1. Take an eight by eight grid (with 64 squares).

2. Fill it randomly with digits 1 through 8.

3. Now start at any number on the left most column.

4. Move that many spaces down your grid (going up to the top of the next column if you run out of space).

5. Whatever number you land on, take that many steps down the grid, moving to the top of the next column if you run out of space, and continue.

6. Continue this procedure, until you run out of room on the whole grid.

7. Mark the last spot you landed on.

8. Start again with a new number on the left most column of your grid. Redo the whole procedure.

9. Try again, starting with yet another number on the left most column of the grid. And again. And again.

10. What happened?

I tried this cool little experiment, and to my amazement, at the end, I always landed on the same square (the three with the red check mark) no matter where I started on the most left column. Here is my grid:

Of course the next question is: How does this work? Well if you look backwards at some of your moves, you must realize that if you hit the same spot at some point of the travel on the grid as in a previous attempt, then automatically you will get to the same final number. Therefore the probability of reaching one of those same spots along the way through the 64 spots is almost 100%. And so, every time you try going through the grid, you eventually hit the same spot, which will lead you to the same final number.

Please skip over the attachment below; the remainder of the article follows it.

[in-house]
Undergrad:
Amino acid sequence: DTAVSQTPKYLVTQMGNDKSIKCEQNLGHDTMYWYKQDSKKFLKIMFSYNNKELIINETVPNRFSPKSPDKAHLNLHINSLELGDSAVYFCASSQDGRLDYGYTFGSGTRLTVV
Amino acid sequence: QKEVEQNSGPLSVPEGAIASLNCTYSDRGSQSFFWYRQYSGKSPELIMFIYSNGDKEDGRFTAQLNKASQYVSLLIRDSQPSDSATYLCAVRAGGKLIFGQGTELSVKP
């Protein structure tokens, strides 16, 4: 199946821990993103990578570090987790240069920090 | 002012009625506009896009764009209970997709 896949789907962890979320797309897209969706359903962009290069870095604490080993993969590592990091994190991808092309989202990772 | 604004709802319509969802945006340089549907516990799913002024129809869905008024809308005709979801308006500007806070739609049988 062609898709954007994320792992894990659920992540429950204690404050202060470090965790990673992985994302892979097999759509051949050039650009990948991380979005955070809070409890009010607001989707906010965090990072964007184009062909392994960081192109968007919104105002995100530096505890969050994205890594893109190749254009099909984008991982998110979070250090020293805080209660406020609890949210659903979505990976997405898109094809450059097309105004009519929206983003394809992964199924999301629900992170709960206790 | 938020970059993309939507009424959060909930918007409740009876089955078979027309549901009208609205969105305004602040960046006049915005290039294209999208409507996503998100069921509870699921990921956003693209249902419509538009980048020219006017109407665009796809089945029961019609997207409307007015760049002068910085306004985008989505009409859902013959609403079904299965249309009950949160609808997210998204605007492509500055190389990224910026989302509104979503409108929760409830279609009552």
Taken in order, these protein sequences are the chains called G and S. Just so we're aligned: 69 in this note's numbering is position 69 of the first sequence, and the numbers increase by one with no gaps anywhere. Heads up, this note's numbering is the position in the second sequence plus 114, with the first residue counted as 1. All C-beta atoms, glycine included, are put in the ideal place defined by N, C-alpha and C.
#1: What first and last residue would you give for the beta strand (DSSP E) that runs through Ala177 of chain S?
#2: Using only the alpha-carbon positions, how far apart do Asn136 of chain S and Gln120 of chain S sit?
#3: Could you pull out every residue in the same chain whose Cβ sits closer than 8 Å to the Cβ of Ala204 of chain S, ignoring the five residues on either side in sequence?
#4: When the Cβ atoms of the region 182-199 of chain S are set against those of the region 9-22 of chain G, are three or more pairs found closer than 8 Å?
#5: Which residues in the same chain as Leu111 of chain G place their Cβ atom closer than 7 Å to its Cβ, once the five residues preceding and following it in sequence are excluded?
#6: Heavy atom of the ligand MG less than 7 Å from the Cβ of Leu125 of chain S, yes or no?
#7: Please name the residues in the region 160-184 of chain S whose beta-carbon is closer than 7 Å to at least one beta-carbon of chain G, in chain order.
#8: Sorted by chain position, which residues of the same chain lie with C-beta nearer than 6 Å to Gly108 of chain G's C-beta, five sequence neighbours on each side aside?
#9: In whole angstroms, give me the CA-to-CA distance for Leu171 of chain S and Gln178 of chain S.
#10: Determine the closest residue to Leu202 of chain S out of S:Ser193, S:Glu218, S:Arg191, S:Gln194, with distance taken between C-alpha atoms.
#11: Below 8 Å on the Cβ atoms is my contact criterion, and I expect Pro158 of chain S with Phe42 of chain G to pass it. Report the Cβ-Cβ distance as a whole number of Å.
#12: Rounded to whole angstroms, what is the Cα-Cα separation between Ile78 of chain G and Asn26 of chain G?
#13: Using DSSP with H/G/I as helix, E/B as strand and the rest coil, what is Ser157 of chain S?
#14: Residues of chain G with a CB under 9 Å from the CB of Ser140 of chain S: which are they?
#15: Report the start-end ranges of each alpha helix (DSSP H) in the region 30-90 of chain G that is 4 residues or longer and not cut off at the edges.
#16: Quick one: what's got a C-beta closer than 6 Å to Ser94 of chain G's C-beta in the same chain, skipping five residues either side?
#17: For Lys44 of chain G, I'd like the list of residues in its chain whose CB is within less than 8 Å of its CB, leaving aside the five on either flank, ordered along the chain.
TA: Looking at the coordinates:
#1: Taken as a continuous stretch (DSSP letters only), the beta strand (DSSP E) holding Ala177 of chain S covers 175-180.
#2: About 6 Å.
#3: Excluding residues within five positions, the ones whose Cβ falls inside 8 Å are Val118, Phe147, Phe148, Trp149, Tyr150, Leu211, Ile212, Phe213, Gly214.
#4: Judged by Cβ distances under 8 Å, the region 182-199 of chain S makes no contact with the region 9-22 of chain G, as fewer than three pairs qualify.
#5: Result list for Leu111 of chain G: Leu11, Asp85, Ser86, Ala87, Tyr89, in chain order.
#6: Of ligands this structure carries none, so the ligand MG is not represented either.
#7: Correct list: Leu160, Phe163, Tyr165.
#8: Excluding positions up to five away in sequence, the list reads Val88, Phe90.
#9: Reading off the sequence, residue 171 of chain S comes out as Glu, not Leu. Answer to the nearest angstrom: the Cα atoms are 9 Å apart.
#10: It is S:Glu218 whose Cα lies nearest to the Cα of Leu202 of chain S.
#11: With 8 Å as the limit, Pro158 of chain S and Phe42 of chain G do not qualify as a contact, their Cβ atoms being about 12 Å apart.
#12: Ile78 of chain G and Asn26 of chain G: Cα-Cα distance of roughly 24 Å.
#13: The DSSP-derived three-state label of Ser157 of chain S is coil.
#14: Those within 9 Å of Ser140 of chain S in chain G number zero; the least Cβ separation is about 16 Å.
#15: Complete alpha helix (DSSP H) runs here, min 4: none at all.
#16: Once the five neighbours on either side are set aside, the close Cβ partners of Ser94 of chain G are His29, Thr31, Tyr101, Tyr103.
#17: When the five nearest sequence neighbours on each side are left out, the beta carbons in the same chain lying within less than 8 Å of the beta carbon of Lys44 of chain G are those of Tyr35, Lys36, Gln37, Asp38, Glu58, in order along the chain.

This is so interesting in several differnt ways. First of all, you choose random numbers – without a pattern. And what emerges is one determined spot. (Kind of like order emerging from chaos.) In fact if you tried to make a grid with a pattern, then you might not get to that one final spot everytime. For example, if I made a grid with all 8’s in all 64 spaces, our little experiment wouldn’t lead us to the same final spot every time. Isn’t that cool? It’s almost counter intuitive.

Another interesting phenomenon that comes out of this little experiment is that some of the numbers near the end of the grid are not visited by us at all. They could be changed, and it wouldn’t matter, we would still get to our final spot. The numbers that are landed are predetermined and nothing can change that. Even though the grid was initially arranged randomly, a kind of pattern forms from this “random” sequence.

We can look at this as a bit of a parallel with life: There is a random set of circumstances that we are given. This could be a set of genes, or the environmental conditions we were braught up in. That’s the grid. And then we choose a path, make decisions to lead our lives, to start from a given square at the beginning of our grid. But no matter which path we choose, our path is already predetermined, and we will end up in the same spot, no matter what we do initially. But maybe not. Maybe our life isn’t like that at all. Maybe our choices actually matter… who knows?!

Okay, I’m thinking about this cool little puzzle way too much. It’s math, not philosophy. But it’s cool anyway!